There is much said and written today about the approaching end of world missions. Such views are usually supported by statistics and radically changing conditions in many parts of the world where missionaries have been expelled or excluded, or where normal missionary work is exceedingly difficult.
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No one questions that our world of today is an exciting place to live. It has been called by many names: the Age of Science, the Atomic Age, the Space Age, and even the Erotic Age.
Some years ago a missionary from Africa confronted me with this problem: “As a missionary returning to a field that may quite conceivably be taken over by Communists, how should I approach my task of teaching the church?”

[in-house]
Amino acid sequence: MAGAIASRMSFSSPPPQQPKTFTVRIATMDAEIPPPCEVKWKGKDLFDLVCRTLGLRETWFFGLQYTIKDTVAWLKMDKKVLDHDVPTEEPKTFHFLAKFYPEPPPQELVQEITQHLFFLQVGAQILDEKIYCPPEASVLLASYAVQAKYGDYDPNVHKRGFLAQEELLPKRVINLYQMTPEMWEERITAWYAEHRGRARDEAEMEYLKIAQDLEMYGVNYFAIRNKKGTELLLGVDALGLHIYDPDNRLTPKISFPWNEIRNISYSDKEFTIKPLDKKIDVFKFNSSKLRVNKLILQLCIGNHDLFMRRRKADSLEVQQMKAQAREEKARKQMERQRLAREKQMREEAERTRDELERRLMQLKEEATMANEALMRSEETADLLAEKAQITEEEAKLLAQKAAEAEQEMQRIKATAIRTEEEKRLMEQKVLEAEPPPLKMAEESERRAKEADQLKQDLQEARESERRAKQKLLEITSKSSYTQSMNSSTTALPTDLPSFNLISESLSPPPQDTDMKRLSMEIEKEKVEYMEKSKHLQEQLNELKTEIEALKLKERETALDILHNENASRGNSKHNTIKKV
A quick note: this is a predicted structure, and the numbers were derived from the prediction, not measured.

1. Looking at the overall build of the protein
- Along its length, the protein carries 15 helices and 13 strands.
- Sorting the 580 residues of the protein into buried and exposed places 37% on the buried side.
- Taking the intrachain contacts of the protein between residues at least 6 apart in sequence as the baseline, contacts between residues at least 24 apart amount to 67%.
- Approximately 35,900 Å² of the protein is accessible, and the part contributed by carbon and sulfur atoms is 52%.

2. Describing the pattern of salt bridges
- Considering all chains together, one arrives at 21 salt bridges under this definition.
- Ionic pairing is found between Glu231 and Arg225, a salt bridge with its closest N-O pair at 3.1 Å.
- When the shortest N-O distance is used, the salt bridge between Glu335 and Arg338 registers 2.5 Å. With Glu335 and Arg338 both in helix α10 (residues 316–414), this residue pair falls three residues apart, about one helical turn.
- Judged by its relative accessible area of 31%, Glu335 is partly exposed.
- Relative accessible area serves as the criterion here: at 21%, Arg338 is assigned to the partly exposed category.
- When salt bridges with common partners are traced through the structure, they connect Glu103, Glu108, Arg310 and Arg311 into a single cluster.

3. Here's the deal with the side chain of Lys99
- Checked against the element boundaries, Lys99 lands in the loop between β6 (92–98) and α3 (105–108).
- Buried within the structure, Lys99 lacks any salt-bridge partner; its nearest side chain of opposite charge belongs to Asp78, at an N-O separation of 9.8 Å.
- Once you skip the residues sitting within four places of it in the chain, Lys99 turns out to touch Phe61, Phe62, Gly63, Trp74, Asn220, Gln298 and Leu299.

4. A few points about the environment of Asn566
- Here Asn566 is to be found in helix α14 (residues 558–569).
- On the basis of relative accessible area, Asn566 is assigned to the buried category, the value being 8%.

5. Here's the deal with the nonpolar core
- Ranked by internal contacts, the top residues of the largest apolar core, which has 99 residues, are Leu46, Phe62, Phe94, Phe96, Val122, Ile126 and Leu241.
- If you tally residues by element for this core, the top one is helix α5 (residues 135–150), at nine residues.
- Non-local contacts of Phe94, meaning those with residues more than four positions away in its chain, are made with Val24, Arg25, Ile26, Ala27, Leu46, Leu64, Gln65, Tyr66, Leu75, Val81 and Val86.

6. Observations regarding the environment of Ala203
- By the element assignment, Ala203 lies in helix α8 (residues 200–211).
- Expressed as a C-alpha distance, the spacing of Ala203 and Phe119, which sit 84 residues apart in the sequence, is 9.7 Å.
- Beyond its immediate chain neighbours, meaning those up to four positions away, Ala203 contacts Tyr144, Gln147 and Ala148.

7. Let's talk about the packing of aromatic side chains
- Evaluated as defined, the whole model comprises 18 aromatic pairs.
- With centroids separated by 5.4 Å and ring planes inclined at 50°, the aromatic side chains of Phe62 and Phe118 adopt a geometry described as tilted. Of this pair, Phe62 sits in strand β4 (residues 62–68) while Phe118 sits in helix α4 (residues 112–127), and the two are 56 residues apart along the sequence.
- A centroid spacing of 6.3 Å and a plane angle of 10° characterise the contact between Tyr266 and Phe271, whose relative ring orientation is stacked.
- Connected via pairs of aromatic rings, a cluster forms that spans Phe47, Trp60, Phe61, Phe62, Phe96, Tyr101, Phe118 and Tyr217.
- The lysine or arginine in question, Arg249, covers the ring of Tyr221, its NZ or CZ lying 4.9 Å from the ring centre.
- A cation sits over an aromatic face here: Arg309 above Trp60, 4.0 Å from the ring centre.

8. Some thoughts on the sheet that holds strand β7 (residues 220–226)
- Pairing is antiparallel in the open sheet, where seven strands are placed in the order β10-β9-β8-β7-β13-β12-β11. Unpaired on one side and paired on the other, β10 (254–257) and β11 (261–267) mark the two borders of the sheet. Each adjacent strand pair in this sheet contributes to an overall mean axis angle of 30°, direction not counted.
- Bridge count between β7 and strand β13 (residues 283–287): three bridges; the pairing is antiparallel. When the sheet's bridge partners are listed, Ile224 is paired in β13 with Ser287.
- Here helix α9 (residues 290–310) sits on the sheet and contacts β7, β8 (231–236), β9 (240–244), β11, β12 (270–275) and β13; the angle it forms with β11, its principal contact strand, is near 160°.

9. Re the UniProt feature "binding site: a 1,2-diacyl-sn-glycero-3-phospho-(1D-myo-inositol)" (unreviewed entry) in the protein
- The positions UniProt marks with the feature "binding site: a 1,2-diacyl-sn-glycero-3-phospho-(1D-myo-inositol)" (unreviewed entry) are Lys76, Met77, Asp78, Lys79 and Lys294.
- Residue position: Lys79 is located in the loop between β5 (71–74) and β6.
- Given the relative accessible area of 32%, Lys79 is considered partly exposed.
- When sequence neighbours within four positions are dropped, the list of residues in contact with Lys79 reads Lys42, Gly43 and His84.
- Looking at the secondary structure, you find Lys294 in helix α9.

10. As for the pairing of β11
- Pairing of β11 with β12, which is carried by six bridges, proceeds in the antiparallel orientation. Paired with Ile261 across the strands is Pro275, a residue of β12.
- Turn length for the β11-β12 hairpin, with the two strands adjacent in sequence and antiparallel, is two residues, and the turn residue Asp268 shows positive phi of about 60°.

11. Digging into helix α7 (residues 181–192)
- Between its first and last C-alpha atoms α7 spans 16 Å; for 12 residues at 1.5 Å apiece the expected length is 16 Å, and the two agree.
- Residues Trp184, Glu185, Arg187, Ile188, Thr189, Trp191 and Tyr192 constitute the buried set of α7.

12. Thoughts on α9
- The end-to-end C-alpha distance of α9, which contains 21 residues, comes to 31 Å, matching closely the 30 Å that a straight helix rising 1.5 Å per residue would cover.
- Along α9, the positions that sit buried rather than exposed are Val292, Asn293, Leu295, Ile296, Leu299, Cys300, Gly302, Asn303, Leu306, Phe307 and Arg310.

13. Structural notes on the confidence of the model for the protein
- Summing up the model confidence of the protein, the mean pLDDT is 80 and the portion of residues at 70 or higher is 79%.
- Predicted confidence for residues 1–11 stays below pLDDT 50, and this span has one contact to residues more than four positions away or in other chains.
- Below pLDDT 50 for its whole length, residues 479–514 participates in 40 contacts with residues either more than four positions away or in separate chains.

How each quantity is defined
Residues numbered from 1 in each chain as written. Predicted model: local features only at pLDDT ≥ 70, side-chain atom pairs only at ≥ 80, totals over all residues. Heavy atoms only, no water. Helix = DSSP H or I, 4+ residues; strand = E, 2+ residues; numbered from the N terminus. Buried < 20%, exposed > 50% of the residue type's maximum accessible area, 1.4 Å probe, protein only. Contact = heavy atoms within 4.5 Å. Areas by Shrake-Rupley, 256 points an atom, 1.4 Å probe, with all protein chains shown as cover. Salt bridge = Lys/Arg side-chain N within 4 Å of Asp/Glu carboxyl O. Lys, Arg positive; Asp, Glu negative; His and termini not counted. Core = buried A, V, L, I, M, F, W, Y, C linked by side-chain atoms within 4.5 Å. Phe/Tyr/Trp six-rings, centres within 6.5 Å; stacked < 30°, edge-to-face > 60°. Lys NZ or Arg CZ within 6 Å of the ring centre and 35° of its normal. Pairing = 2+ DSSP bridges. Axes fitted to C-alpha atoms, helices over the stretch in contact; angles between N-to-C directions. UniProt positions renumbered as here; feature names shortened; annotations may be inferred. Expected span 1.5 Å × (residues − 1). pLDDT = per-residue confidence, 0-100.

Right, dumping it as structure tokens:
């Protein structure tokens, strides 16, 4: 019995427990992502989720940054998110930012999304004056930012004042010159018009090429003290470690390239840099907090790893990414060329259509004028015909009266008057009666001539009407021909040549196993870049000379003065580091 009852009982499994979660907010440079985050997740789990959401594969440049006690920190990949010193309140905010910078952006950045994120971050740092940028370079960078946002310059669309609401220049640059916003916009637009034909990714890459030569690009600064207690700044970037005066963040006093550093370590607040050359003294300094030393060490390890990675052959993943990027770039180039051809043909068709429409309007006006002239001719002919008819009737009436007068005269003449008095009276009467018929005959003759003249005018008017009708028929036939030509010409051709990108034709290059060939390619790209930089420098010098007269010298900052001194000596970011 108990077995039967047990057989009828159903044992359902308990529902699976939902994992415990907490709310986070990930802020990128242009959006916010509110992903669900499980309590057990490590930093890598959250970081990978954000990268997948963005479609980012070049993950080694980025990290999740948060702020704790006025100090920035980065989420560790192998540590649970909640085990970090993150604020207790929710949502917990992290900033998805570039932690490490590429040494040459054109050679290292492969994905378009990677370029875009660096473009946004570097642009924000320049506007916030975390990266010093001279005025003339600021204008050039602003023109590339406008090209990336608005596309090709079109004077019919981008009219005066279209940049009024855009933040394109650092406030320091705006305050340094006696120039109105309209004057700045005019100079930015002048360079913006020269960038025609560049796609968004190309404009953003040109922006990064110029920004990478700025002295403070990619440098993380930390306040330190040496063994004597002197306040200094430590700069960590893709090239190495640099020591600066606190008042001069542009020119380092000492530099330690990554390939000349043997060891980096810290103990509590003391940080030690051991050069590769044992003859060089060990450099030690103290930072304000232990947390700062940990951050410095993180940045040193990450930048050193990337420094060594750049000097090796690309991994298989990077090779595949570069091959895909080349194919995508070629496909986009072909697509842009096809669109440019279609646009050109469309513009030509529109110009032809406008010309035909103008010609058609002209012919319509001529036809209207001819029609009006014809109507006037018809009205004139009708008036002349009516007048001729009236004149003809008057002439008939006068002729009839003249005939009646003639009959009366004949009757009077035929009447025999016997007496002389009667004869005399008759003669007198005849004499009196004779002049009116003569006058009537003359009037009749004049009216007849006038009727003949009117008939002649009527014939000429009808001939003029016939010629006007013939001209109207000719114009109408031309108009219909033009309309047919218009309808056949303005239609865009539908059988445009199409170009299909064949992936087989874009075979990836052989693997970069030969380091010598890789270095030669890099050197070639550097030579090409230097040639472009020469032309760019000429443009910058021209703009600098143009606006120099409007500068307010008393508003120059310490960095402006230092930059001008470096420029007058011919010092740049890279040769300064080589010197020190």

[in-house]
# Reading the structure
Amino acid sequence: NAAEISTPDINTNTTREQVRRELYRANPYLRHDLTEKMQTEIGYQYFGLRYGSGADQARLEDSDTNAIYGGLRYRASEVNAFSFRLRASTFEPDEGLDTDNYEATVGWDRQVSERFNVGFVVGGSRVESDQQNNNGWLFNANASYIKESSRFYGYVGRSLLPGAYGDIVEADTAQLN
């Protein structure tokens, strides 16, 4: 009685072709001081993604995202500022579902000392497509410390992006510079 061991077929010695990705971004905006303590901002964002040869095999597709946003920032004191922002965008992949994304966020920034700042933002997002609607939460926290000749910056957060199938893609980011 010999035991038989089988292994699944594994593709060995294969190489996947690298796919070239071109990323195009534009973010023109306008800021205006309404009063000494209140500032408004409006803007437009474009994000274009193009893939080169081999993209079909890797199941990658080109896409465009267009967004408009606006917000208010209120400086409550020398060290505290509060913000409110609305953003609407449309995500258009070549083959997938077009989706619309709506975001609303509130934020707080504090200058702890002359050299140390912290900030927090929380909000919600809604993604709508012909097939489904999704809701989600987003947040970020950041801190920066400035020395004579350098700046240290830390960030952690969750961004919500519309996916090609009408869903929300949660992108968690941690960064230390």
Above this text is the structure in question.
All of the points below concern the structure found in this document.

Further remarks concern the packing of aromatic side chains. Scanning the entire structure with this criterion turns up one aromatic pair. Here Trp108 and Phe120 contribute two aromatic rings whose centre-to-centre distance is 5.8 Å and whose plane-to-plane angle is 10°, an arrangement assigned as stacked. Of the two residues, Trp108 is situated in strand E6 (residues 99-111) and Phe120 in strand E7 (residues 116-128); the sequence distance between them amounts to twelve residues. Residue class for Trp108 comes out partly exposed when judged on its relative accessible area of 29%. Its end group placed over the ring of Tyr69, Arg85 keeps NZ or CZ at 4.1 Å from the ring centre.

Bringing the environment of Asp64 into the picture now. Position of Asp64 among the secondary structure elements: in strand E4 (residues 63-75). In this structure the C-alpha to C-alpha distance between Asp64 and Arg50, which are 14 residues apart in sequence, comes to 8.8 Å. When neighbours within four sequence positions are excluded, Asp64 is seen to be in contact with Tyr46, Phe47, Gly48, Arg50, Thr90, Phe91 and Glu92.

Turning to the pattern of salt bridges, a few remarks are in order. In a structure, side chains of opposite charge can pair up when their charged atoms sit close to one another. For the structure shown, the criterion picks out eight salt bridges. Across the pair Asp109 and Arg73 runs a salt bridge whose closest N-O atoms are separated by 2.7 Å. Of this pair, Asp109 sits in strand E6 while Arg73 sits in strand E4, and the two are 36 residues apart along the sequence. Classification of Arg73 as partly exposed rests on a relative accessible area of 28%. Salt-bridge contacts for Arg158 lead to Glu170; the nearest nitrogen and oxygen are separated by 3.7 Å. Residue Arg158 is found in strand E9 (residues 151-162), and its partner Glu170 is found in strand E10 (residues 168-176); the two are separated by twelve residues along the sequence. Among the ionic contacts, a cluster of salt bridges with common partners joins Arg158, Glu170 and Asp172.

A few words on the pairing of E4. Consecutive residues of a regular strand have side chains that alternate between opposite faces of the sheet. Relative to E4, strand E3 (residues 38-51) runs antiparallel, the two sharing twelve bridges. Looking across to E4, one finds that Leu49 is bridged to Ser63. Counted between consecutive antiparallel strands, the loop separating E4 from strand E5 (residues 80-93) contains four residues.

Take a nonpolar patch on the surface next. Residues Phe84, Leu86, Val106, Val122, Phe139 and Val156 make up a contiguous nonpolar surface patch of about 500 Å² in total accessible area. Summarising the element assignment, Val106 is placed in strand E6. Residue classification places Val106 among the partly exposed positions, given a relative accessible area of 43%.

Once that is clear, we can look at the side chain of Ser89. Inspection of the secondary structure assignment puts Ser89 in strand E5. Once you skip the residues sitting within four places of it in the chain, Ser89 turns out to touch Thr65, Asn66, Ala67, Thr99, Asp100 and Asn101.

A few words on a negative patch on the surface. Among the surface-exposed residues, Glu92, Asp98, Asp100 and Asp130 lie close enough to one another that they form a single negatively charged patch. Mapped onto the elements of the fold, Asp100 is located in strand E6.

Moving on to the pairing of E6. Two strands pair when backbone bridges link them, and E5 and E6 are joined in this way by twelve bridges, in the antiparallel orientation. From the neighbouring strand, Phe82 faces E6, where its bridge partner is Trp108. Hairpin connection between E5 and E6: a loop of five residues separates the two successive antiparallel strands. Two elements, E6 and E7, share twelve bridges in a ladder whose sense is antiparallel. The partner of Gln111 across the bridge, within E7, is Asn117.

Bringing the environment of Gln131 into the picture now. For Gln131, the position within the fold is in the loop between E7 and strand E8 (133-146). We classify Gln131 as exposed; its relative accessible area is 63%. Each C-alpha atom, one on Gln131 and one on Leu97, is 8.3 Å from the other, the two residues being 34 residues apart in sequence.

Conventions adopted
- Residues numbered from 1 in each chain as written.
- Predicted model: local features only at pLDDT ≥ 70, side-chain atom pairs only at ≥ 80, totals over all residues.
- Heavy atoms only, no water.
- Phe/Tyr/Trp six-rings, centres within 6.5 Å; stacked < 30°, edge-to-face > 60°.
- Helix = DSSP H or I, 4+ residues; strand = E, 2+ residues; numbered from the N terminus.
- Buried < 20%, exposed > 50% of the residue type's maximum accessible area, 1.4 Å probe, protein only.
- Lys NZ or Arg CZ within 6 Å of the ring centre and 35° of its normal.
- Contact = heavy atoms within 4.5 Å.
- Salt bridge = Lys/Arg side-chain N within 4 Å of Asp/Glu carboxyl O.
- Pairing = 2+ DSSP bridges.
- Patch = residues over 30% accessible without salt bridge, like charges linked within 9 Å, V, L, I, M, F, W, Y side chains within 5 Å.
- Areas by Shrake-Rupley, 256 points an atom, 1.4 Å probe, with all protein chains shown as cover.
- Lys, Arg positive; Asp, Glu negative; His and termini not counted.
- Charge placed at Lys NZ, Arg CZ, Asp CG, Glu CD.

During the last decade we have been made vividly aware of the rapid increase in the population of the world.
How can we close the gap between the first sowing of the seed in a new town and the establishment of a church? That was the question that plagued us during our first two terms of service.
Mission agencies and the church face a major question with respect to the national churches that are emerging as a result of missionary evangelism. The question is no longer one of establishing indigenous churches at some future date.